I have been in a discussion with Dan Wallace on Parchment and Pen. I am sure that those who read it will understand that I am much in need of Emily Post or some such thing. If you have come here from there, then please, just input authentein into the top search window or use the comment zone to ask me a question.
I call on diverse primary documents when I blog. However, everything I write on authentein can be backed up in complementarian articles, if you read the footnotes. In fact, there is no broadly accepted evidence that authentein means "to have authority." I will most certainly take back this statement if someone provides such evidence.
Tuesday, November 11, 2008
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I feel for you Sue. I've seen you bring up the evidence time and time again on the blogs of various scholars only to have them tell you that their blog is not the place for that discussion and then refer you to an article to read. And when you try to discuss the accuracy of those articles then the conversation pretty much shuts down.
I don't know how you keep doing it. : )
It seems odd to me though how many of these complementarian scholars aren't really that familiar withe arguments of these articles they refer to since they never seem to be able to defend them.
Have you ever had a really good exchange with a complementarian scholar where they actually responded to your arguments and were able to defend the arguments from the articles they refer to?
Have you seen Franziska E. Shlosser's review of Michael Grünbart's work? (http://ccat.sas.upenn.edu/bmcr/2005/2005-10-09.html) What do you think about this following statement? Are the Byzantine's uses of αὐθέντης too late?
"Addresses used for foreign rulers are extant in a few letters dating to the ninth and tenth centuries. There is, however, a list of such addresses in the works of Konstantinos Porphyrogennetos. Thus the letters can be compared with a contemporary source. Most commonly used are ἀδελφός (brother), τέκνον (child) and υἱός (son). As mentioned above, the fictitious relationship between foreign rulers and the Byzantines gave rise to these forms of address. The rest of this chapter gives examples of forms of addresses in letters to the clergy, and secular addressees. In case of the latter we find that αὐθέντης, δεσπότης and κύριος (lord) are commonly used."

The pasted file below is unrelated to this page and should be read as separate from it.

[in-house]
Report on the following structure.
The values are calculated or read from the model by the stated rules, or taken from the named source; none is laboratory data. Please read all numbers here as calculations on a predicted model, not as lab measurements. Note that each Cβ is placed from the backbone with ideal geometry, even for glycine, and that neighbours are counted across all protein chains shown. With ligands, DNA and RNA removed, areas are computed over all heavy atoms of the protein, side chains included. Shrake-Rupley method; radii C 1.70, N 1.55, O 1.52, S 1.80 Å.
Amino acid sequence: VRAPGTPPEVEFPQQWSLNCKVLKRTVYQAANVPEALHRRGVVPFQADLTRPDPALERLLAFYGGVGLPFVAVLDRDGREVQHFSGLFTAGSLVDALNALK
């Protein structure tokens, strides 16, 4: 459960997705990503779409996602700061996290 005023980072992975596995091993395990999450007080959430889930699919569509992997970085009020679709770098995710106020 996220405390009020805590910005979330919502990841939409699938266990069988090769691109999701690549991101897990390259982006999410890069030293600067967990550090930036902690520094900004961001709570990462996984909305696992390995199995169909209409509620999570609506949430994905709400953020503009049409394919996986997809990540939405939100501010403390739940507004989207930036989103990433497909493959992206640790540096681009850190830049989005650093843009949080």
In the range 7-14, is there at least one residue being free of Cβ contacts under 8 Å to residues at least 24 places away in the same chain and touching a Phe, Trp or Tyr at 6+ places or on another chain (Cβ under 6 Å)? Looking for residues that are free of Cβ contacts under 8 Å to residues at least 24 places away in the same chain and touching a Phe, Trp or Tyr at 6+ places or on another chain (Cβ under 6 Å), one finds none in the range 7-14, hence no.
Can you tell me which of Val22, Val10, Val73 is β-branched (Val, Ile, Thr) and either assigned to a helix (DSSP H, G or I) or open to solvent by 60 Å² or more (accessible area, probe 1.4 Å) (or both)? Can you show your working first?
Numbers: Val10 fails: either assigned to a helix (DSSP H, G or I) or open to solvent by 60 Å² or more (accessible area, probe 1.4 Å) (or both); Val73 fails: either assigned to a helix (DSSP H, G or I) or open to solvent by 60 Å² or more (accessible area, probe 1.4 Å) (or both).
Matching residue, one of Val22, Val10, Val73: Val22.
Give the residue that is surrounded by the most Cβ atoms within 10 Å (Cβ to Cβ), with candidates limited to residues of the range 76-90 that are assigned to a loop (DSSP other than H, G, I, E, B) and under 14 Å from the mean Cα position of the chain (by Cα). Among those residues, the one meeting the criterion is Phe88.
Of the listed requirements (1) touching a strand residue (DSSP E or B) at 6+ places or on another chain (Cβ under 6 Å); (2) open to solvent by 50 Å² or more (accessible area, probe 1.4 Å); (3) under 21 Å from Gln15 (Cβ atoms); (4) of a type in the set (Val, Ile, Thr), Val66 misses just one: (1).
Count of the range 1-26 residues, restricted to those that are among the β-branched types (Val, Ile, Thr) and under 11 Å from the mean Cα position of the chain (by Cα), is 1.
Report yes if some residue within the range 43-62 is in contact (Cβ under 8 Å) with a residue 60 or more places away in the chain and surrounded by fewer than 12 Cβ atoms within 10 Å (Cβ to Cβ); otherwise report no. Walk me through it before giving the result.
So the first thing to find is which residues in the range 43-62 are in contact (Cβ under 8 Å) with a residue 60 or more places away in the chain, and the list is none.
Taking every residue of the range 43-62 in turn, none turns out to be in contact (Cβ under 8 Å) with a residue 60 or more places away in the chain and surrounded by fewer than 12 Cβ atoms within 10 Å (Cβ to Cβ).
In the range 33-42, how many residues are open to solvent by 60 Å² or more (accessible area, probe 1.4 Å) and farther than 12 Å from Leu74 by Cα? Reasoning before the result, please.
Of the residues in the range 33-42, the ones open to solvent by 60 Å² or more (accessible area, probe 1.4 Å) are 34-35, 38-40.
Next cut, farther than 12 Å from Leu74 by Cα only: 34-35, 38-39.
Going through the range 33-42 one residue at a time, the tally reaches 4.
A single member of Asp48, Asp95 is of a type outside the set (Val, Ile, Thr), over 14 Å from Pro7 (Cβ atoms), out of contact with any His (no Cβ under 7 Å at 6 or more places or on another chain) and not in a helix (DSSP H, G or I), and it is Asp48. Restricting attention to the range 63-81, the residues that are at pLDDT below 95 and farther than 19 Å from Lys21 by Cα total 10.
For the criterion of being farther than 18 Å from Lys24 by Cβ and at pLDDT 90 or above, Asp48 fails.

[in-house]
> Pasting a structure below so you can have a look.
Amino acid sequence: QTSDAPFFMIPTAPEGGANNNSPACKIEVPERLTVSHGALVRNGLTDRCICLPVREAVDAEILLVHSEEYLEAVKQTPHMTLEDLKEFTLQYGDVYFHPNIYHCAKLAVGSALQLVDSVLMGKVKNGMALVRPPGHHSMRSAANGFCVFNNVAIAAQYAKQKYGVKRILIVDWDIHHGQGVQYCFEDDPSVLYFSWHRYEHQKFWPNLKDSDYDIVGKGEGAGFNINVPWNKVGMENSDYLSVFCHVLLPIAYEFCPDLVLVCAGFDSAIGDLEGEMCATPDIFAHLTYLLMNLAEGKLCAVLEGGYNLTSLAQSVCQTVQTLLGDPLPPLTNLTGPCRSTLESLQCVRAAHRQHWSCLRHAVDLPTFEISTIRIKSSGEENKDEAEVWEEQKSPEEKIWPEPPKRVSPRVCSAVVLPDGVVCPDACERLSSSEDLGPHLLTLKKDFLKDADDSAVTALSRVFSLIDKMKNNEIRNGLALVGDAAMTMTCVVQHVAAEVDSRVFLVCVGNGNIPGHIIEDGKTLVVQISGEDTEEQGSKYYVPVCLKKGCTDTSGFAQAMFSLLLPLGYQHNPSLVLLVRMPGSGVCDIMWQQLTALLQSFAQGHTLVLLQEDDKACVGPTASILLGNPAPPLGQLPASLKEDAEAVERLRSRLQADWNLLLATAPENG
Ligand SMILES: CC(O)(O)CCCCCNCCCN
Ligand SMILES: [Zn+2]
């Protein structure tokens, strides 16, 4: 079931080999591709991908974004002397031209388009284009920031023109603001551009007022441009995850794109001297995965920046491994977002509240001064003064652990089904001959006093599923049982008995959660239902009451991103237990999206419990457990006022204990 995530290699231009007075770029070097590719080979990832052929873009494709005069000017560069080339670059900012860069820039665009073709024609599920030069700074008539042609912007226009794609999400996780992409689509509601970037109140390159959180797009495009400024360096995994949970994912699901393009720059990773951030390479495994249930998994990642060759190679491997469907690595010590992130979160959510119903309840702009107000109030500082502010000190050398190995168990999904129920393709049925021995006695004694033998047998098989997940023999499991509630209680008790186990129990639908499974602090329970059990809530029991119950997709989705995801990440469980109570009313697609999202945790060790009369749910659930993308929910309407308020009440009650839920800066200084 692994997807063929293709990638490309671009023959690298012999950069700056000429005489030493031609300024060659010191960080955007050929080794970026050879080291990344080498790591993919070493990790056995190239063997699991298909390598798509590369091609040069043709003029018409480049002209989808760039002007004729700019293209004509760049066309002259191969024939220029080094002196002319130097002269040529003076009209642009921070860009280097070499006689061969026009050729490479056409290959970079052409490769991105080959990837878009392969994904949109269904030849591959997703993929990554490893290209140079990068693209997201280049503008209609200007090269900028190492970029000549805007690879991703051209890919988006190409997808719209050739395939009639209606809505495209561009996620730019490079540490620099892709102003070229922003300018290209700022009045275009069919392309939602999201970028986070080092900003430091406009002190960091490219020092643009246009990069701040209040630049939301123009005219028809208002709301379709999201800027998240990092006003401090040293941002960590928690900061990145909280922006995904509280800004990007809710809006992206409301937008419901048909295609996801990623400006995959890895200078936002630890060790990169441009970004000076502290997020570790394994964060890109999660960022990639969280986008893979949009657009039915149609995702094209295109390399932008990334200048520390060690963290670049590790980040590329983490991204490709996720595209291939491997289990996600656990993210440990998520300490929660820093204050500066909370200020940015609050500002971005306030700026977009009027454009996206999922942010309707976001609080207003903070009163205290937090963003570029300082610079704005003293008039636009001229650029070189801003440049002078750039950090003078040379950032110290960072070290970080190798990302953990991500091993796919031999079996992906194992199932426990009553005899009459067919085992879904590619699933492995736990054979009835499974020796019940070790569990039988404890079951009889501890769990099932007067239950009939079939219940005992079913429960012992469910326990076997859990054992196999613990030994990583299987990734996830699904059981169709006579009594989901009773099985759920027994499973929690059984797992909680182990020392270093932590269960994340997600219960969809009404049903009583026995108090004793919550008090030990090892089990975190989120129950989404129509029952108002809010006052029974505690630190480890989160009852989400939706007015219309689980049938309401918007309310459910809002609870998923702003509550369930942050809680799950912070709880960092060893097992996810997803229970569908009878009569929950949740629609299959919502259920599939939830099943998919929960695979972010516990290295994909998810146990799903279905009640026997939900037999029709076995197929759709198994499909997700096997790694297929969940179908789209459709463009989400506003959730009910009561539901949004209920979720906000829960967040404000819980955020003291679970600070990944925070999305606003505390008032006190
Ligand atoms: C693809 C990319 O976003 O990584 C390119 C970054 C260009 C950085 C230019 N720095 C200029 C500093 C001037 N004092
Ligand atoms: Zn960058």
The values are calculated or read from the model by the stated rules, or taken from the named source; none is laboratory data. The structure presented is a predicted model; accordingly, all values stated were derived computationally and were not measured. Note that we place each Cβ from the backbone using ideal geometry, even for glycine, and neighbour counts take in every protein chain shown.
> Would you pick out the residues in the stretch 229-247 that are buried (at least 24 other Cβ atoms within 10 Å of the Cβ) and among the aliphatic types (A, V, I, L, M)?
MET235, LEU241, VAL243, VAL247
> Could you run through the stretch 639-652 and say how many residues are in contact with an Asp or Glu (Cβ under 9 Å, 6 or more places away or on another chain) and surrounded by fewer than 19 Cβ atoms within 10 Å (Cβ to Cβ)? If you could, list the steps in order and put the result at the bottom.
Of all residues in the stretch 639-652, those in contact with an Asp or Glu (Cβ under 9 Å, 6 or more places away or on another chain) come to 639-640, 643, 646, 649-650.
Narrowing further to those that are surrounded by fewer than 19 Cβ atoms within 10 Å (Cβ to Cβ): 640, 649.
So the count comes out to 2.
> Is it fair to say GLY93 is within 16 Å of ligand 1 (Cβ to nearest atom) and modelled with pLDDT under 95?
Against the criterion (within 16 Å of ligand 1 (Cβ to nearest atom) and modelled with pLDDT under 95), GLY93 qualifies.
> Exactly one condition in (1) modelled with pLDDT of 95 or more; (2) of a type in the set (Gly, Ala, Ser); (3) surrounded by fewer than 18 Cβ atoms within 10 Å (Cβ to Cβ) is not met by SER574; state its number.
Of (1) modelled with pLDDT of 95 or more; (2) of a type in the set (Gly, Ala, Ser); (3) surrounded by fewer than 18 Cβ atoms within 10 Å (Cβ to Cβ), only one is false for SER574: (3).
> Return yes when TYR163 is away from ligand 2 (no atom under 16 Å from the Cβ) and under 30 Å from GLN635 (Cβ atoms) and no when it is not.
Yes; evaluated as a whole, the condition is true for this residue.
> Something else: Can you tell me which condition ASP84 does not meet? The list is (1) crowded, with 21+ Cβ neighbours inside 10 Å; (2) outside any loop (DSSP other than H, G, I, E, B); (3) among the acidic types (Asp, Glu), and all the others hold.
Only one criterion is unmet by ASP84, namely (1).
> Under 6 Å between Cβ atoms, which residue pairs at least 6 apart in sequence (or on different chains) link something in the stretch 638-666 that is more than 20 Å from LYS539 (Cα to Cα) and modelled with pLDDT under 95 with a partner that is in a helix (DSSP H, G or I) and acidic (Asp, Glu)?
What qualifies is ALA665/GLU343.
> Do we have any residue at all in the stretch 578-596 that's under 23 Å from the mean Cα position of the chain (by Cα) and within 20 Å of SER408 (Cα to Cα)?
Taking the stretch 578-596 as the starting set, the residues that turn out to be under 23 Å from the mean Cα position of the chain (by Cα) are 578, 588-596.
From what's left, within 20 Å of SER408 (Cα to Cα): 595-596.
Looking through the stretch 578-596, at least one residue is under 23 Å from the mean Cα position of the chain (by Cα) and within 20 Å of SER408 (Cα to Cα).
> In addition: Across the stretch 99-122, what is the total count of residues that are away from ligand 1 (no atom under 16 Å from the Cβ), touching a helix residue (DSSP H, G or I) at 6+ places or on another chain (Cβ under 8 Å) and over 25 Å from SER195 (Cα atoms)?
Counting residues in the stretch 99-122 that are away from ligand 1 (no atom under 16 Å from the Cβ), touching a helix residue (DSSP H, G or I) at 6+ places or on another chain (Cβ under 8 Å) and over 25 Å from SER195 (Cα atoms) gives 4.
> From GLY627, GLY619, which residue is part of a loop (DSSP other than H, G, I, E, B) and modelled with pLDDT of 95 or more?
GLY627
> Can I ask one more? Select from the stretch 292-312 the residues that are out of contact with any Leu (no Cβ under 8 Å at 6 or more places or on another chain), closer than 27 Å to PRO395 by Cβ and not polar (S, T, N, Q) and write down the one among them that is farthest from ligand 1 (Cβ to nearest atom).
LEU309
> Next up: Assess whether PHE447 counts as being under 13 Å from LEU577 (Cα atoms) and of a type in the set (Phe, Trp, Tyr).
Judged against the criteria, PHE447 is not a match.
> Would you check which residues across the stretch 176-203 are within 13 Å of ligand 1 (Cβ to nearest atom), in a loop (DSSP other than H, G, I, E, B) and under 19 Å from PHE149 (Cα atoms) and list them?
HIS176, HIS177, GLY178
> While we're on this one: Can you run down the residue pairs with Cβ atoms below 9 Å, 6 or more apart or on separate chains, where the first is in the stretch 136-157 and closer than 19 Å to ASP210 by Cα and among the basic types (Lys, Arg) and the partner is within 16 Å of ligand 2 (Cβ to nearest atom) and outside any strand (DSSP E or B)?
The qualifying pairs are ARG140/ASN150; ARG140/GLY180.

I'm sure you've seen Albert Wolters article reproduced at cbmw.org: (http://www.cbmw.org/images/jbmw_pdf/11_1/semantic_study.pdf). Wolters, of course, contends "that
αὐθέντης appears to have three distinct
senses in ancient Greek (‘murderer’,
‘master’, and ‘doer’), and it is a matter of
"It should be pointed out that in none of these cases is ‘master’ used in the pejorative sense of
‘autocrat’ or ‘despot’. In fact, it is used twice in Christian contexts to refer to the lordship of Jesus Christ. [fn] 25 Furthermore, I have found no evidence to support Dihle’s contention that αὐθέντης in this sense refers primarily to a ‘boss’ in the workplace. [fn] 26"
Is this the evidence you are looking for?
I have read Wolters and discussed this with him in the past but cannot remember all the details. My sense is that authentes has both a very negative meaning and a positive meaning.
The positive meaning is that Christ is the Lord. But this cannot apply to men in church leadership. In 1 Peter 5:3 church leaders are not to lord it over the flock. That Christ can be "master" does not mean that a human leader can be "master."
That is my take and I think the position of the early church fathers. For them women simply could not be leaders so they did not have to be as concerned about this one verse in 1 Timothy.
I think the main reason that women are excluded from leadership is basically tradition. That's it.
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